Photo by Emmanuel Dunand for AFP/Getty Images
UPDATE: The “Millionaires March” in New York appeared on track to pass without major incident Tuesday, but "Occupy" protests in other cities are gearing up for long standoffs with city authorities.
On a day when protesters in New York branched out from their Zuccotti Park base camp to hector tycoons like Rupert Murdoch and David Koch at their uptown homes (see post below), those in several other cities said they’re digging in for the long haul.
- From an Associated Press story published Tuesday in the Boston Globe: “Protesters from the Occupy Boston movement vowed to continue their demonstration indefinitely despite the arrests of 129 people who police say refused to leave a plot of downtown land.
- The headline on an AP piece in the Seattle Post-Intelligencer: “Seattle mayor ‘patient’ with protesters in park."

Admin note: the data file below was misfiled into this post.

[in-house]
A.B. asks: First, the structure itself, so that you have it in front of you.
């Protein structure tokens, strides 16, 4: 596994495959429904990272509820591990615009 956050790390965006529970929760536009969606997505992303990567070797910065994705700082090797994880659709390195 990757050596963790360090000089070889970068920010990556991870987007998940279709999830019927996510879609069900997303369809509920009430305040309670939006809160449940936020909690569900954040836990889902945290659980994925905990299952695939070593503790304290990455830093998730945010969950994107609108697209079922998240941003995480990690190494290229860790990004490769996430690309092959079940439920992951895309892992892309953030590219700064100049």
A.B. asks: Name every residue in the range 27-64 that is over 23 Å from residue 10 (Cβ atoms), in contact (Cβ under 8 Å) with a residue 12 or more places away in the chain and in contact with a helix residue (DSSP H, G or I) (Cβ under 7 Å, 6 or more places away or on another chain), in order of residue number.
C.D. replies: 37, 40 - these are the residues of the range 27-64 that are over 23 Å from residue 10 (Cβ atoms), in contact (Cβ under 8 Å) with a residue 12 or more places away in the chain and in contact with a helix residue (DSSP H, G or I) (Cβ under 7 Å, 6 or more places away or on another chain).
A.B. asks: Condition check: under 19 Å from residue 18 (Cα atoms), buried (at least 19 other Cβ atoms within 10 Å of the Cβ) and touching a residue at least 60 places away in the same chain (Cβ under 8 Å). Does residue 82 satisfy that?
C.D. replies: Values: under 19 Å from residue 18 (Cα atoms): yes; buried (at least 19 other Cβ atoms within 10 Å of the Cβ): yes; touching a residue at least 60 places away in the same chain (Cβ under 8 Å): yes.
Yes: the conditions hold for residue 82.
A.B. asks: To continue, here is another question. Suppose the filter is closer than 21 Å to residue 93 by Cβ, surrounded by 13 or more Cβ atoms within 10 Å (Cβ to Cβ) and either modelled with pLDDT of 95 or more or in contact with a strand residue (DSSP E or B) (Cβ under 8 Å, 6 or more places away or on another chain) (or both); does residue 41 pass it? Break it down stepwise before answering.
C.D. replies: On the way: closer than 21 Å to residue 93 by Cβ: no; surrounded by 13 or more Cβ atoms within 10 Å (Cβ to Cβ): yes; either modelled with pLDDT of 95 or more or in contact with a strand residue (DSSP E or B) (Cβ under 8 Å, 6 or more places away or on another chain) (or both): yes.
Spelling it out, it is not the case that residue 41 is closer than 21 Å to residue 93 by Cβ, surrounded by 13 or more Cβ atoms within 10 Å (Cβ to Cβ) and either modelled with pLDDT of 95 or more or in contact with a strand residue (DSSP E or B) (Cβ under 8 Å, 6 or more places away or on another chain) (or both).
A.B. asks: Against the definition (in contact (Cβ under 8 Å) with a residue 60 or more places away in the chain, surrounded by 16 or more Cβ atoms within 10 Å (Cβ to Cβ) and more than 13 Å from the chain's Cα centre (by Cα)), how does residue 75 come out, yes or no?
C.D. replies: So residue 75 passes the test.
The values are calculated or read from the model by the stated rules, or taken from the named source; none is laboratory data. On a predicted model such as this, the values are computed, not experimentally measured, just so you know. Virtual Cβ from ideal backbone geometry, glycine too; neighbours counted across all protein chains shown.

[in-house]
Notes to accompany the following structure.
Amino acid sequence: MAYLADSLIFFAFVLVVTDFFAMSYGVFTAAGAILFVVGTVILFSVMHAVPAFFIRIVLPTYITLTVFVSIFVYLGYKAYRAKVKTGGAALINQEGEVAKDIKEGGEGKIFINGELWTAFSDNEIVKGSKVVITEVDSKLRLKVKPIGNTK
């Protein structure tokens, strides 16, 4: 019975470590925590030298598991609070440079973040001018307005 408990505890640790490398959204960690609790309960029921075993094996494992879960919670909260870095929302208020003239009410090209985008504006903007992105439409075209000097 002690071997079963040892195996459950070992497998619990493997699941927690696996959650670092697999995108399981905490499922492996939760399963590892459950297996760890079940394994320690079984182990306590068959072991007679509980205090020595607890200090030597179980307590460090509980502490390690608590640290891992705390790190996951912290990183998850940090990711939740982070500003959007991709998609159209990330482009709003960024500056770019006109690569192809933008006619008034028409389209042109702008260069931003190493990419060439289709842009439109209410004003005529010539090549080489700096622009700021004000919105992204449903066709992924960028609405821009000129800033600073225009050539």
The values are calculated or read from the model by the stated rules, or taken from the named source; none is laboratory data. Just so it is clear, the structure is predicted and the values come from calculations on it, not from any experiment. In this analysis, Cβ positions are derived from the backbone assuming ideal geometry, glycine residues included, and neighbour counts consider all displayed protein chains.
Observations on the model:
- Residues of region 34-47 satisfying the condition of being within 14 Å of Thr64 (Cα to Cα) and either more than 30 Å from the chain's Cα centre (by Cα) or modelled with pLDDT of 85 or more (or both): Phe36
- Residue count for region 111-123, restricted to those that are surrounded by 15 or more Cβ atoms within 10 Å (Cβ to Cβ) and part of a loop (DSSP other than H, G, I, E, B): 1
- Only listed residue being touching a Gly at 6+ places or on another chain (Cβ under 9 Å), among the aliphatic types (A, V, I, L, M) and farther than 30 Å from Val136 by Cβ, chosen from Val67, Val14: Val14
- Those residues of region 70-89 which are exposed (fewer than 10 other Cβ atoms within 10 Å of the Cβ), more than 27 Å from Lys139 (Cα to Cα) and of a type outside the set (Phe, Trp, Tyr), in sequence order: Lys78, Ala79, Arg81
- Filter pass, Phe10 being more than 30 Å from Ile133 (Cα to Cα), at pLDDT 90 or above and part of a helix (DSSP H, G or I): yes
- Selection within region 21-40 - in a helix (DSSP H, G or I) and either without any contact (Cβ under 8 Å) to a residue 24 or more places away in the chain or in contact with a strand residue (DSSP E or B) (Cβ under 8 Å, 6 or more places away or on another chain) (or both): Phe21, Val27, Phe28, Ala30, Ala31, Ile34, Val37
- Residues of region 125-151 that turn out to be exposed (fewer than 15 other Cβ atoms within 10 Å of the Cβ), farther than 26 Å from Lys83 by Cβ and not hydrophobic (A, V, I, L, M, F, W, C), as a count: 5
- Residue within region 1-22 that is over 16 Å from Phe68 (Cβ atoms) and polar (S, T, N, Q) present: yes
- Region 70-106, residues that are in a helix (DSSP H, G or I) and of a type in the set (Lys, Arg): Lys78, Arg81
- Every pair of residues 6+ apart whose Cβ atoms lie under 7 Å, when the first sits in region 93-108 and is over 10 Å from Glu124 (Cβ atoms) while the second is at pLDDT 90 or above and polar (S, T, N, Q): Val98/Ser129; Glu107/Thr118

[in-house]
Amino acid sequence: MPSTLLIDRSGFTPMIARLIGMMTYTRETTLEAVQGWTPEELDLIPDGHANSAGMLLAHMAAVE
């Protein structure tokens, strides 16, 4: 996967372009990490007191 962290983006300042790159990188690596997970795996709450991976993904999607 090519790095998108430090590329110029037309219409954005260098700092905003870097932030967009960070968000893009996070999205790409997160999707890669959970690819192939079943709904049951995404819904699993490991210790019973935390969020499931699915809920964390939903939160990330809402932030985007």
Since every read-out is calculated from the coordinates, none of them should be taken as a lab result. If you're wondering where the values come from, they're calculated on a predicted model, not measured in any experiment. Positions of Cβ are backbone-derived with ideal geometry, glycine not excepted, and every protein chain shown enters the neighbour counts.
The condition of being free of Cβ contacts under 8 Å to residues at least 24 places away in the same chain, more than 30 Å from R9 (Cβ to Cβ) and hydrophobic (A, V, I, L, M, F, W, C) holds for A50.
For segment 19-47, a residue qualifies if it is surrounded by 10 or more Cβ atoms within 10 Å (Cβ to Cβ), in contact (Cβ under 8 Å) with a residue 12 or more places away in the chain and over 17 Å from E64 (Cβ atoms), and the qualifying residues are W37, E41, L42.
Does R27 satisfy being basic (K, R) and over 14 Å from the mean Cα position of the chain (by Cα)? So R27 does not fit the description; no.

- A headline in the Atlanta Journal-Constitution: “Occupy Atlanta unlikely to be forced out of park.”
While Democratic leaders continued their efforts to tap the protests’ energy, a prominent Republican backed off from his harsh criticism of them. House Majority Leader Eric Cantor, who denounced the demonstrators as “mobs” last week, took a more sympathetic tack at a press conference Tuesday. He was quoted in the Los Angeles Times: “People are upset and they are justifiably frustrated. They’re out of work. The economy is not moving. Their sense of security for the future is not clear at all. People are afraid and I get it,” he said.
Still, he tried hard to draw a distinction between the current liberal protests and the conservative Tea Party movement. From the Times: “The tea party were very different. The tea party were individuals attempting to address their grievance from the government they elected,” Cantor said. Occupy Wall Street protesters “are pitting themselves against others outside government in America. That’s a difference.”